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Konate v. Inter-Con Security Systems Inc.

United States District Court, E.D. Louisiana

November 10, 2014

AMARA KONATE,
v.
INTER-CON SECURITY SYSTEMS INC

ORDER & REASONS

LANCE M. AFRICK, District Judge.

Before the Court is a motion[1] filed by defendant, Inter-Con Security Systems Inc. ("Inter-Con"), pursuant to Rule 12(b)(6) of the Federal Rules of Civil Procedure to dismiss certain of plaintiff's claims in this employment discrimination case. Plaintiff, Amara Konate, has filed an opposition, [2] to which defendant has filed a reply.[3] For the following reasons, defendant's motion is DENIED.

BACKGROUND

Inter-Con employed plaintiff as a security guard from March 2011 to May 2011, and again from January 2012 to March 2014.[4] Plaintiff's first period of employment ended when Inter-Con terminated him after he failed a second attempt at a "shooting examination."[5] Plaintiff was later rehired, but his second period of employment ended on March 20, 2014, after a series of alleged infractions.[6]

Plaintiff's nation of origin is Guinea.[7] He contends that he was subjected to discrimination on the basis of his national origin throughout his periods of employment with Inter-Con. In particular, plaintiff alleges that (1) in May 2011 he was terminated after failing to pass a second shooting examination, but that American co-workers were given extra opportunities to take the test in 2013;[8] (2) in April 2013, during a work bid process, two American co-workers were allowed to select their desired post assignments despite plaintiff's seniority to those co-workers;[9] (3) he was denied travel reimbursement which was granted to an American co-worker;[10] and (4) he was disciplined and eventually terminated for a series of alleged work infractions, such as leaving his work station, when American co-workers received less punishment for comparable or more severe infractions.[11]

Plaintiff filed a charge of discrimination on March 31, 2014.[12] The claim was dismissed and a right-to-sue letter was issued on April 14, 2014.[13] Plaintiff filed this lawsuit on July 15, 2014, alleging national-origin discrimination in violation of Title VII and the Louisiana Employment Discrimination Law ("LEDL").[14] Inter-Con now moves pursuant to Rule 12(b)(6) of the Federal Rules of Civil Procedure for partial dismissal of plaintiff's claims to the extent that they are based on his May 2011 termination and the April 2013 bid process, which Inter-Con contends were not timely presented in the charge of discrimination.

LAW AND ANALYSIS

A. Rule 12(b)(6)

A district court may dismiss a complaint, or any part of it, for failure to state a claim upon which relief can be granted if the plaintiff has not set forth a factual allegation in support of his claim that would entitle him to relief. Bell Atl. Corp. v. Twombly, 550 U.S. 544, 555 (2007); Cuvillier v. Taylor, 503 F.3d 397, 401 (5th Cir. 2007). As the U.S. Court of Appeals for the Fifth Circuit explained in Gonzalez v. Kay:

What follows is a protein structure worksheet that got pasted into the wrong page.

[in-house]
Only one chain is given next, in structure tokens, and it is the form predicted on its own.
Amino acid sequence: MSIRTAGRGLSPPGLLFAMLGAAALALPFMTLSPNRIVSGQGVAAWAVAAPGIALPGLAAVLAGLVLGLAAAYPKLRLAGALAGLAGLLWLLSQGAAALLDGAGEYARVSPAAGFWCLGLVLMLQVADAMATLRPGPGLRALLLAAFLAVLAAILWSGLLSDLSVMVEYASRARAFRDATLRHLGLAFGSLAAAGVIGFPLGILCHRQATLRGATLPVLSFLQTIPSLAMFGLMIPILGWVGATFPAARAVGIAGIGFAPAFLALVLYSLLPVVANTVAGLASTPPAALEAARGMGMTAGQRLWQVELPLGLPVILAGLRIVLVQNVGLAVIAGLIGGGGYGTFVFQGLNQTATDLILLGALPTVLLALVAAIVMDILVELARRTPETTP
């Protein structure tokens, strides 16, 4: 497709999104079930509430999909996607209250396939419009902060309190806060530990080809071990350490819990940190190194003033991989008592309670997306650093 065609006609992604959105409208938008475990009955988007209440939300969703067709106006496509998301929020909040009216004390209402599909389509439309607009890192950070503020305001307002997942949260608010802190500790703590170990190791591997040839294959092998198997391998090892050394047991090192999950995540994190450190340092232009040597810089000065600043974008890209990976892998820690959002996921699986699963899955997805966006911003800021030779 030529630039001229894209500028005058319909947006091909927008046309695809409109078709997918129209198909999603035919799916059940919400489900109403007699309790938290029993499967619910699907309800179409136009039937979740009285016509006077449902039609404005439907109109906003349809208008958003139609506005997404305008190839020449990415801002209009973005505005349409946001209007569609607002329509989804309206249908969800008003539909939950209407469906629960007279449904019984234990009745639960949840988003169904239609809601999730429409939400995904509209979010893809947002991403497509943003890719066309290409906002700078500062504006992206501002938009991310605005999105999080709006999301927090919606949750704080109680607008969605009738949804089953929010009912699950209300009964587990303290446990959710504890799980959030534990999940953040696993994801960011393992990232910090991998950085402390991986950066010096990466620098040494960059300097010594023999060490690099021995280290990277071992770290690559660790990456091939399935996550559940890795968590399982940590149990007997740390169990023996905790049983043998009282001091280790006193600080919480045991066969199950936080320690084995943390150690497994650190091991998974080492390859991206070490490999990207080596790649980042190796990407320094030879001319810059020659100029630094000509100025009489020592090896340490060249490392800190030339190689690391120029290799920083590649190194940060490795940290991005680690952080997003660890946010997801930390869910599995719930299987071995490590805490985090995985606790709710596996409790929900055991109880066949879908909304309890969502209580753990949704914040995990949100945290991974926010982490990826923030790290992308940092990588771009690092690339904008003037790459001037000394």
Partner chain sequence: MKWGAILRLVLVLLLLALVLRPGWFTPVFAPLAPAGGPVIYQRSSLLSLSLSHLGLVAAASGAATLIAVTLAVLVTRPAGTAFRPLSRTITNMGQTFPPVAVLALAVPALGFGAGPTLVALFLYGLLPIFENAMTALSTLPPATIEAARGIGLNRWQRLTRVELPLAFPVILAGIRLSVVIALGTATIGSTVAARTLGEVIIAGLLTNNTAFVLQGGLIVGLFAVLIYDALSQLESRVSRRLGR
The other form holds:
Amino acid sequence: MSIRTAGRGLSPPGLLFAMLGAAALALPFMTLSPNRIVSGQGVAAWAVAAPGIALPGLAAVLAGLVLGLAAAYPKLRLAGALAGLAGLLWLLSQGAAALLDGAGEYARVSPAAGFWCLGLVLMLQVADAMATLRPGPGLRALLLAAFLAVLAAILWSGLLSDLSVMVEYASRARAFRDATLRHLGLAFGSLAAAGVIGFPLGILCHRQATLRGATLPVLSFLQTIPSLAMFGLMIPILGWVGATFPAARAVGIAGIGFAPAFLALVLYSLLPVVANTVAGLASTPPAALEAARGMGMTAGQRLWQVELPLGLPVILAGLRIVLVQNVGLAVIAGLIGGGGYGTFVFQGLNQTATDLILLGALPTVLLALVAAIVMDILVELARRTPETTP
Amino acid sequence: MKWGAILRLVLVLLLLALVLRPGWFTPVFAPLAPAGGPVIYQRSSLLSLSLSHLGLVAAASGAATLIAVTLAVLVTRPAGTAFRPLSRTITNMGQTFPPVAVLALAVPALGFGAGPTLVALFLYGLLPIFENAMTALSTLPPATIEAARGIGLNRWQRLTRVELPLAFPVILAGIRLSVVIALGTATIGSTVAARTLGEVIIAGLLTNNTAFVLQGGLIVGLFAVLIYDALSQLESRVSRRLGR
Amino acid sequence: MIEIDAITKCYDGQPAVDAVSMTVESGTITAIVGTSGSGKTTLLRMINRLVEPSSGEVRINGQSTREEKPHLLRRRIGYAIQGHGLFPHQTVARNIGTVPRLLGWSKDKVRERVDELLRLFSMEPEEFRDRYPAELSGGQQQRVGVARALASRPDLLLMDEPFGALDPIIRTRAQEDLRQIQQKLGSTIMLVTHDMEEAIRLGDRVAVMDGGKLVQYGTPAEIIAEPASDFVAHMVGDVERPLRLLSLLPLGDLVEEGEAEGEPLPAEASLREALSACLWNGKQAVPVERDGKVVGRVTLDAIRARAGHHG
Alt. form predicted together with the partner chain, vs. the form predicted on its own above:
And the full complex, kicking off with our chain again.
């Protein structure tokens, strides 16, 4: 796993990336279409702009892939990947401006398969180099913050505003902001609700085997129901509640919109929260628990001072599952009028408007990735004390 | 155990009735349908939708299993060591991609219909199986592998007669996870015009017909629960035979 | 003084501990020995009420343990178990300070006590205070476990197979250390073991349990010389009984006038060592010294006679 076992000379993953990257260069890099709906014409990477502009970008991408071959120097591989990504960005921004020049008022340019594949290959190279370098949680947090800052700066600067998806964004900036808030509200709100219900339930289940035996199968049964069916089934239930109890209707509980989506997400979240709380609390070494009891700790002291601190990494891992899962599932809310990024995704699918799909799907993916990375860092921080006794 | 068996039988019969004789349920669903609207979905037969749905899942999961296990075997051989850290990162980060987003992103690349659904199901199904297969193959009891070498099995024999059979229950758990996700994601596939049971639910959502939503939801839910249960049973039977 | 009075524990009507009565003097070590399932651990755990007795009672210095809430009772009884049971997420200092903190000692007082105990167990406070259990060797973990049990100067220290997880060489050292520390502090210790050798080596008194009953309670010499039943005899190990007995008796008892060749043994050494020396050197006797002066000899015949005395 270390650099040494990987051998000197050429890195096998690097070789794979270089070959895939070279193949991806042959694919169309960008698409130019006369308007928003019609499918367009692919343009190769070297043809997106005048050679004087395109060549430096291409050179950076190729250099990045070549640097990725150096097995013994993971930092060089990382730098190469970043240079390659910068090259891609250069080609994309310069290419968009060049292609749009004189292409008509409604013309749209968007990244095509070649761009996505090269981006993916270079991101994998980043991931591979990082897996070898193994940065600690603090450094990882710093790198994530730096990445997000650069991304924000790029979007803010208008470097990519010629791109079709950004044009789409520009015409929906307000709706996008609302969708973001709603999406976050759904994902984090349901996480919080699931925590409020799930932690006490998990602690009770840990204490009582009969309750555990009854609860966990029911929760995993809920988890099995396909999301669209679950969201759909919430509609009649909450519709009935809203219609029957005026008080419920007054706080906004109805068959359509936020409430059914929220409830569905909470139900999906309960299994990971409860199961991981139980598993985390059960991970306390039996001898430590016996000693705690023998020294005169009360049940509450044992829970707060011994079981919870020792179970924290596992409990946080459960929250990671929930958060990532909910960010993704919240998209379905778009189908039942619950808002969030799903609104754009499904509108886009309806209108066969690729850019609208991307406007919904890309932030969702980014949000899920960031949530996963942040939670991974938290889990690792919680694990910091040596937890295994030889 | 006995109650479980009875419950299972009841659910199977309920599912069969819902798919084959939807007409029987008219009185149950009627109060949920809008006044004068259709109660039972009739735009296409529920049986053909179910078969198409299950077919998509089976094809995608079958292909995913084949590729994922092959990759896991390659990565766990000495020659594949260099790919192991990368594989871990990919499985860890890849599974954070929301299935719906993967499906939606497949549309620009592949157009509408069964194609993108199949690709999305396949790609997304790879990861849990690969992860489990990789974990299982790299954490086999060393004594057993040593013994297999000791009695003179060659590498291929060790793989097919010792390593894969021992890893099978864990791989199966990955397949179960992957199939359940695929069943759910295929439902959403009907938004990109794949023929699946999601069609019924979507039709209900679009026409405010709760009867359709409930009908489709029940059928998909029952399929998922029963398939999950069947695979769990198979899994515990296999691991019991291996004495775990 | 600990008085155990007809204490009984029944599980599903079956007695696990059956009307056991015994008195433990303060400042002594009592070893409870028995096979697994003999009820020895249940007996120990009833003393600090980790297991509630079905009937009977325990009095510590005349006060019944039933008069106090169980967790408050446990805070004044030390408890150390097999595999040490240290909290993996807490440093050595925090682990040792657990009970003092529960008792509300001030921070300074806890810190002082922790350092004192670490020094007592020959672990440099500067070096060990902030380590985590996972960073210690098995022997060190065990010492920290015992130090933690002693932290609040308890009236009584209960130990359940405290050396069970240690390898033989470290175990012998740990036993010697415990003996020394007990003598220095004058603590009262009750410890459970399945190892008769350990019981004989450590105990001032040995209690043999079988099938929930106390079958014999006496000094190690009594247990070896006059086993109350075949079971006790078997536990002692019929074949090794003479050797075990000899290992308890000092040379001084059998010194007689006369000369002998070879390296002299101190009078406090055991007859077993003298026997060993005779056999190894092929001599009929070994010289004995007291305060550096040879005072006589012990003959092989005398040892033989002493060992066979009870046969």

"Factual allegations must be enough to raise a right to relief above the speculative level." Bell Atl. Corp. v. Twombly, 550 U.S. 544, 555 (2007). The Supreme Court recently expounded upon the Twombly standard, explaining that "[t]o survive a motion to dismiss, a complaint must contain sufficient factual matter, accepted as true, to state a claim to relief that is plausible on its face.'" Ashcroft v. Iqbal, 556 U.S. 662, 678 (2009) (quoting Twombly, 550 U.S. at 570). "A claim has facial plausibility when the plaintiff pleads factual content that allows the court to draw the reasonable inference that the defendant is liable for the misconduct alleged." Id. It follows that "where the well-pleaded facts do not permit the court to infer more than the mere possibility of misconduct, the complaint has alleged-but it has not show[n]'-that the pleader is entitled to relief.'" Id. at 679 (quoting Fed.R.Civ.P. 8(a)(2)).

577 F.3d 600, 603 (5th Cir. 2009).

This Court will not look beyond the factual allegations in the pleadings to determine whether relief should be granted. See Spivey v. Robertson, 197 F.3d 772, 774 (5th Cir. 1999); Baker v. Putnal, 75 F.3d 190, 196 (5th Cir. 1996). As noted above, however, the Court can consider the EEOC charge placed in the record by defendant because it is "referred to in the complaint and [is] central to the plaintiff's claim." See Hickingbottom, 2010 WL 3720672, at *2. In assessing the complaint, a court must accept all well-pleaded facts as true and liberally construe all factual allegations in the light most favorable to the plaintiff. Spivey, 197 F.3d at 774; Lowrey v. Tex. A&M Univ. Sys., 117 F.3d 242, 247 (5th Cir. 1997). "Dismissal is appropriate when the complaint on its face show[s] a bar to relief.'" Cutrer v. McMillan, 308 F.Appx. 819, 820 (5th Cir. 2009) (quoting Clark v. Amoco Prod. Co., 794 F.2d 967, 970 (5th Cir. 1986)).

B. Timeliness

Both Title VII and the LEDL require a plaintiff to file a charge of discrimination within a designated limitations period following an alleged unlawful employment practice. See 42 U.S.C. § 2000e-5(3)(a) (300 days); La. Rev. Stat. § 23:303(D) (one year plus length of "any administrative review or investigation of the claim conducted by the federal [EEOC] or the Louisiana Commission on Human Rights, " up to six months); see also Watson v. Clear Channel Broadcasting, Inc., No. 13-5503, 2014 WL 258999, at *6, 10 (E.D. La. Jan 22, 2014) (Africk, J.). "[D]iscrete discriminatory acts are not actionable if time barred, even when they are related to acts alleged in timely filed charges." Morgan v. Nat'l R.R. ...


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